Sydney Dance Company’s latest production is a riveting triple bill choreographed by Rafael Bonachela, Larissa McGowan and Alexander Ekman.
De Novo, the Sydney Dance Company’s latest production, is a riveting triple bill showcasing some absolutely superb, sizzling dancing. Technically the dancers are magnificent throughout, and they are in excellent form.
It opens with the world premiere of Rafael Bonachela’s Emergence; an astonishing treat. Bonachela’s choreography demands laser sharp legs, a very fluid body and a long stretched line. Plotless, this new work is ‘about’ collaboration and the emergence of the new. It is perhaps a tiny bit reminiscent of Wayne McGregor in style; also detectable is the Murphy ‘walk’.
The dancers seem boneless yet angular at times and full of seamless bravura; the work itself is full of stretch and sizzle with fluid, flowing line as well as seemingly angular, robotic movements. There are some very difficult complicated lifts and partnering. Small shining solos are contrasted with ensemble work for the whole company in a writhing mass. There is also a terrific featured male pas deux, intimate and delicate.
The music by Nick Wales and Sara Blasko incorporates vocals by Blasko and beeps, hums, throbs and pulses. Benjamin Cisterne’s extraordinary lighting is superb. Sometimes only part of the stage is lit; at other we see a corridor of light. In some sections the lighting is rippling and reflective, at others it is like opening or closing venetian blinds. Glorious. Dion Lee’s costumes are most unusual – in the first section the dancers appear to wear (over skin coloured tops) half a jacket that at times entwine. Charmain Yap has an extraordinary sharp opening solo in a barely there white outfit.
The short middle work was Fanatic by Larissa McGowan, as seen in the Spring Dance season last year. It is a biting, witty satire on the cross pollination of Alien and Predator fans; a punchy, tightly choreographed piece (precision timing is crucial) which includes darkly acerbic voiceovers of some of the iconic lines from the films as well as a throbbing helicopter arrival sound effect. A vivid splash of bold red lighting was used for the films’ violence (and be aware: strobe lighting is also used). Natalie Allen in the Sigourney Weaver/Ellen Ripley role is amazing and Thomas Bradley and Chris Aubrey are terrific too. The audience absolutely loved it.
Cacti by Alexander Ekman (created for Nederlands Dance Theatre in 2010 and an instant hit) was given its Australian premiere as the final part of the bill. It is a thought-provoking crowd pleaser about the philosophy of art; how we observe and feel the need to analyse creative works. It is also – like Emergence – about the collaboration between musicians and dancers. Some of it is possibly reminiscent of Matthew Bourne in style.
The first half of the work features tightly choreographed percussive rhythms, with the dancers emerging from behind small, white, raised platforms. There are lots of slaps, complex beats, sound s effects and poses in frozen tableaux, and a terrific featured pas de deux towards the end where the dancers wittily comment (their thoughts in voiceover) about the audience, their performing relationships, and the work they are in. And yes, there are prickly cacti and lots of visual in-jokes as the dancers push, carry and dance around their individual, various-sized succulents.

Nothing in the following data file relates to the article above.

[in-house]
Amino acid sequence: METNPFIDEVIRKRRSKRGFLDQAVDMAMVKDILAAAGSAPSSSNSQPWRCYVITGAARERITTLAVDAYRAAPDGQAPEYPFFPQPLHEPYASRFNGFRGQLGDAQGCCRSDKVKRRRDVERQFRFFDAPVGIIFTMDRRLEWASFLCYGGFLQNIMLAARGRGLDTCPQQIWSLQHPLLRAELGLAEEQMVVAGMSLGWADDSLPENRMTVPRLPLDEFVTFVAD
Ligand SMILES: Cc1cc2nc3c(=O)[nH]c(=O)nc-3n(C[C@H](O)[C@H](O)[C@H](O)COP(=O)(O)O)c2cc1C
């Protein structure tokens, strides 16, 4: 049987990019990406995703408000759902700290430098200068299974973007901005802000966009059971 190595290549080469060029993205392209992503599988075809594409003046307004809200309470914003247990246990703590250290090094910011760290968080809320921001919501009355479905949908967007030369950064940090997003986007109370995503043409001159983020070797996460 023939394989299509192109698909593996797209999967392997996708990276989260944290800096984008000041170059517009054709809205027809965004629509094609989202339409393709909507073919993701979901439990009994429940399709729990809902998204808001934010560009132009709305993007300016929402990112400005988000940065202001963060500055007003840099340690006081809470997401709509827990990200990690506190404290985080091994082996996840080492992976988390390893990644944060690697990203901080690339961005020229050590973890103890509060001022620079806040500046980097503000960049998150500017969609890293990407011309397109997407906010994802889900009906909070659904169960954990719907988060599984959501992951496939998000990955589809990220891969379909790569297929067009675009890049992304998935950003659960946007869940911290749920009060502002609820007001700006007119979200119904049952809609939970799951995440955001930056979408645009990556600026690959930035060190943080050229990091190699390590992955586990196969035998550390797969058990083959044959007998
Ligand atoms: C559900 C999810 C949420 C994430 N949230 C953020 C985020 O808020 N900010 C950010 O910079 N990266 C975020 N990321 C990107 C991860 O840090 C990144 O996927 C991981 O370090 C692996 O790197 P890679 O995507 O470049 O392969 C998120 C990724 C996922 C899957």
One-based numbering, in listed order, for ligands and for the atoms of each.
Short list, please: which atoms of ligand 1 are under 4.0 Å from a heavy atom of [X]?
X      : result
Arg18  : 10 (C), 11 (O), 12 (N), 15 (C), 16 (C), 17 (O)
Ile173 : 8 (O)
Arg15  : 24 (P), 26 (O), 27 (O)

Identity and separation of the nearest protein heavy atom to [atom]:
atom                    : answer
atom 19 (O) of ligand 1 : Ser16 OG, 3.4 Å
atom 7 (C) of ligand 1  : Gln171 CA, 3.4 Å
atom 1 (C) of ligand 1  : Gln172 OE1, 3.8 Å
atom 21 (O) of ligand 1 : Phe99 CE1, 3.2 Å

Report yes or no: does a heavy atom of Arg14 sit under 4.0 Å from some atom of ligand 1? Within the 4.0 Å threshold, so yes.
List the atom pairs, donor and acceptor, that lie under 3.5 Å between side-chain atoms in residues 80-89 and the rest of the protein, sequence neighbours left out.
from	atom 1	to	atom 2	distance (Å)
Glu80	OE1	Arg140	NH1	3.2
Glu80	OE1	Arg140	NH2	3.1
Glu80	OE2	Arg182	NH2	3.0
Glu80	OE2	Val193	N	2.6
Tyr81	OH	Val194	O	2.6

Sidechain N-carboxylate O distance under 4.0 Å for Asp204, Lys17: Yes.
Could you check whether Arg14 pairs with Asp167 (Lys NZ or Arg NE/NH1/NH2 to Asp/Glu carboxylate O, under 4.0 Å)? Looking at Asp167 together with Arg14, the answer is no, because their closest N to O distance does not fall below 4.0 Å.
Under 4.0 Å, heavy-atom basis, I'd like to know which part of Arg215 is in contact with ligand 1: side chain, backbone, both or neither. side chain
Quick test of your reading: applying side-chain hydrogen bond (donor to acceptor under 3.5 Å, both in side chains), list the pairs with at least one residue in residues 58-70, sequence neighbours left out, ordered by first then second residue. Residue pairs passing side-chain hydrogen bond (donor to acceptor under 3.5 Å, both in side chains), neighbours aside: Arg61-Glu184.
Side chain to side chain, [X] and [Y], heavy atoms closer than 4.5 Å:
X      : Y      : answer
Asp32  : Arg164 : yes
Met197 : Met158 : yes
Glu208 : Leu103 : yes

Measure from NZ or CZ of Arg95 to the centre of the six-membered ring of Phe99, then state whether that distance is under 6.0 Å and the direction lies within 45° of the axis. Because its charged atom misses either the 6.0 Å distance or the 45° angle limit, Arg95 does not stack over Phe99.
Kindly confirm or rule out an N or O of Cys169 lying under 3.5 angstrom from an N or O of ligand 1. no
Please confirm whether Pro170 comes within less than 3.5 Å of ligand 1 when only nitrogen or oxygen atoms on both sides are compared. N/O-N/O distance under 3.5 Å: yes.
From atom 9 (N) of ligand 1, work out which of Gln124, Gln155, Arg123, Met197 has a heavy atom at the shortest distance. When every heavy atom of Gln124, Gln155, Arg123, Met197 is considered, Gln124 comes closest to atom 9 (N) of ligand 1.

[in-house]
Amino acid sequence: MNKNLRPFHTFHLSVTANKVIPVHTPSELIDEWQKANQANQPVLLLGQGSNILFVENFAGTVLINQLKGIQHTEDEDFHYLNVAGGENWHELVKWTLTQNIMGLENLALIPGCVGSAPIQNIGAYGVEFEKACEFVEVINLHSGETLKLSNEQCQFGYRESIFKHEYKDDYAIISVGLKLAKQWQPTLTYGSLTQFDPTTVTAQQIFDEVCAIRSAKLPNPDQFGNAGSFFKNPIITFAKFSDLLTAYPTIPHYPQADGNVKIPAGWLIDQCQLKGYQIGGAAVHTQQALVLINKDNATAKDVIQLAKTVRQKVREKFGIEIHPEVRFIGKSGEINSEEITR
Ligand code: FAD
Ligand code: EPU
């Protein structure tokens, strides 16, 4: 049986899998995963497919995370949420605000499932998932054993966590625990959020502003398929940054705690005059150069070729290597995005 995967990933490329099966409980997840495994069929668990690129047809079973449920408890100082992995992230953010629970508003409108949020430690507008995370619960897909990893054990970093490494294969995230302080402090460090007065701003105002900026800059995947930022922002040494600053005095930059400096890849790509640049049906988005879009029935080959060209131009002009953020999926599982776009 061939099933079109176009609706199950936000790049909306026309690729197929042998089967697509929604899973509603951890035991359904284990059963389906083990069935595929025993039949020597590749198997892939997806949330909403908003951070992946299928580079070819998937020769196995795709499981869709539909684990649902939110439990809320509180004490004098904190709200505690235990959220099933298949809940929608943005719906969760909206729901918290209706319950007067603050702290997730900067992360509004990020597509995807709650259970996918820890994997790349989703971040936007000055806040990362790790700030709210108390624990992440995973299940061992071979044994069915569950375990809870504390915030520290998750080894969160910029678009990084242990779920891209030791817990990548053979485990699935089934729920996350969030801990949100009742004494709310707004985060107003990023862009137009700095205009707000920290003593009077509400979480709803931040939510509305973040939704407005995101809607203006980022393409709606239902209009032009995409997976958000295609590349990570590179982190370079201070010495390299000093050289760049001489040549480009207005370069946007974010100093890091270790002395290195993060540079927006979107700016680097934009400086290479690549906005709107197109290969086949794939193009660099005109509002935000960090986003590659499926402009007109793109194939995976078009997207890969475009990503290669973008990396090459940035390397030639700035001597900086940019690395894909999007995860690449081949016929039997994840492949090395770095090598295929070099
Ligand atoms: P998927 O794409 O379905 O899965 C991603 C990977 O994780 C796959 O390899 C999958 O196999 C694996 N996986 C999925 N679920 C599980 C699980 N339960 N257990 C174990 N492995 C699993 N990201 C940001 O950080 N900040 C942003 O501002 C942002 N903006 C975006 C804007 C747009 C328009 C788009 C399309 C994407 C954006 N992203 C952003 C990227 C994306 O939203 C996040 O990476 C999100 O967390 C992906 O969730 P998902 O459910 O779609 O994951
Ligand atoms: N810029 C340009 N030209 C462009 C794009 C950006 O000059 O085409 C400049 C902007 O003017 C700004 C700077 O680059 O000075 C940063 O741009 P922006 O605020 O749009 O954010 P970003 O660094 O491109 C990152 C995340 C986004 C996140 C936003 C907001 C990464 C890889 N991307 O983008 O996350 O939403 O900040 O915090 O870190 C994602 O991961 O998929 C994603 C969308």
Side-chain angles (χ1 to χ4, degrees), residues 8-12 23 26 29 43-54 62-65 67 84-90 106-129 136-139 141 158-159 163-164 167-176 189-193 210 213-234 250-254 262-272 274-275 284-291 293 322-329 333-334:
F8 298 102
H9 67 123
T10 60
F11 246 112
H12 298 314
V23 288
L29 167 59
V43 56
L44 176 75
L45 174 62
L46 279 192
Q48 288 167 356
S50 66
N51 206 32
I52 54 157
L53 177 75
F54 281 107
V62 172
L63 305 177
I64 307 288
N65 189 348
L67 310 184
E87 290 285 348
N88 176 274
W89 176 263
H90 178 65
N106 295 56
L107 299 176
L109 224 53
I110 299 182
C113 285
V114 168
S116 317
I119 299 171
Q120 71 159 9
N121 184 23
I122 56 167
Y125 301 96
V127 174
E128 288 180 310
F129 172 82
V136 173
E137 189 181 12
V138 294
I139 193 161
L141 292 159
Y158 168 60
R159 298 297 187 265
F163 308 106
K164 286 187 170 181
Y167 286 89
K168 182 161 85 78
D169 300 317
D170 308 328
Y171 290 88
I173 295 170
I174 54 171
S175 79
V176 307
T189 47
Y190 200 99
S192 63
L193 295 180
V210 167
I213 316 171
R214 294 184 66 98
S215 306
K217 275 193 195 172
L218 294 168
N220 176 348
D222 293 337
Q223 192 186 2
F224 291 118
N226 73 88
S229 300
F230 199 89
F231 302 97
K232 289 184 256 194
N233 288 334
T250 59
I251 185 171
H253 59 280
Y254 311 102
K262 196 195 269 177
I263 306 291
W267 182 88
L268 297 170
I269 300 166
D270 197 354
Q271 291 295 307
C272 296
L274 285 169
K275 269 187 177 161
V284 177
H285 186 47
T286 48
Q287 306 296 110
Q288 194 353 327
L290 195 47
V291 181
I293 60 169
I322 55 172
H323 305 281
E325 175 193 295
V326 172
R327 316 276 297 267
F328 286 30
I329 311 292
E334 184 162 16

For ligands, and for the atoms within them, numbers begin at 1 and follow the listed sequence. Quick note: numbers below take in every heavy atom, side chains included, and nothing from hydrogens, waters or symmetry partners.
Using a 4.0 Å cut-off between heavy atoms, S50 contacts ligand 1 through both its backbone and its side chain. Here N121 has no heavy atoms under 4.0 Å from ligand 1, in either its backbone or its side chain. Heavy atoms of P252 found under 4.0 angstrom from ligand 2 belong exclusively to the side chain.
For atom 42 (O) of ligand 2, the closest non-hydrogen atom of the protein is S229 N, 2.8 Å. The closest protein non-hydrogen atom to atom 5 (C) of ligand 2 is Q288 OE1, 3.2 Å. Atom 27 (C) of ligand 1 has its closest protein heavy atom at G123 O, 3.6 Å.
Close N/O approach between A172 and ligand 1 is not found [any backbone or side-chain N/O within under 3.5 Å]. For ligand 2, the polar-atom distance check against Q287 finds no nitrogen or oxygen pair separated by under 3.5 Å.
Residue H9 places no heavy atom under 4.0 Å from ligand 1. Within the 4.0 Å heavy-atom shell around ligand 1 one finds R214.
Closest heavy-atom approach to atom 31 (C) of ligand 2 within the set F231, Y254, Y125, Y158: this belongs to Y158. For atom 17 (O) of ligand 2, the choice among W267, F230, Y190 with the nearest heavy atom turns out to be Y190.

The four terrific musicians are dressed in elegant orchestral black and the dancers in skin coloured tops with loose-fitting black trousers and tights caps, giving them a martial arts look. The work deconstructs modern dance and can mean everything or nothing.
Taken as a whole, De Novo is a riveting, witty program that successfully blends biting social commentary with superb dancing. A marvellous chance to see some striking, original, contemporary dance showcasing some of Australia’s hottest talents.
Rating: 4 stars out of 5
Sydney Dance Company present
Running time: Two hours 10 mins (approx) including one interval
Emergence (world premiere)
Choreography: Rafael Bonachela
Music: Nick Wales and Sara Blasko
Costume Design: Dion Lee
Stage and Lighting: Benjamin Cisterne
Dance Director: Amy Hollinsgsworth
Cast: The Company
Choreography: Larissa McGowan
Concept: Larissa McGowan, Sam Haren, Steve Mayhew
Dramaturg: Steve Mayhew
Lighting: Benjamin Cisterne
Dance Director: Amy Hollingsworth
Performed by Natalie Allen, Thomas Bradley and Chris Aubrey
Choreography and Costumes: Alexander Ekman
Stage Design: Alexander Ekman and Thomas Visser
Lighting Design: Thomas Visser
Lyrics: Spencer Theberge
Repetitor: Nina Bokay
Cast: The Company
Musicians: Veronique Serret, James Eccles, Geoffrey Gartner and Mirabai Peart
1 – 23 March
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What the stars mean?
- Five stars: Exceptional, unforgettable, a must see
- Four and a half stars: Excellent, definitely worth seeing
- Four stars: Accomplished and engrossing but not the best of its kind
- Three and a half stars: Good, clever, well made, but not brilliant
- Three stars: Solid, enjoyable, but unremarkable or flawed
- Two and half stars: Neither good nor bad, just adequate
- Two stars: Not without its moments, but ultimately unsuccessful
- One star: Awful, to be avoided
- Zero stars: Genuinely dreadful, bad on every level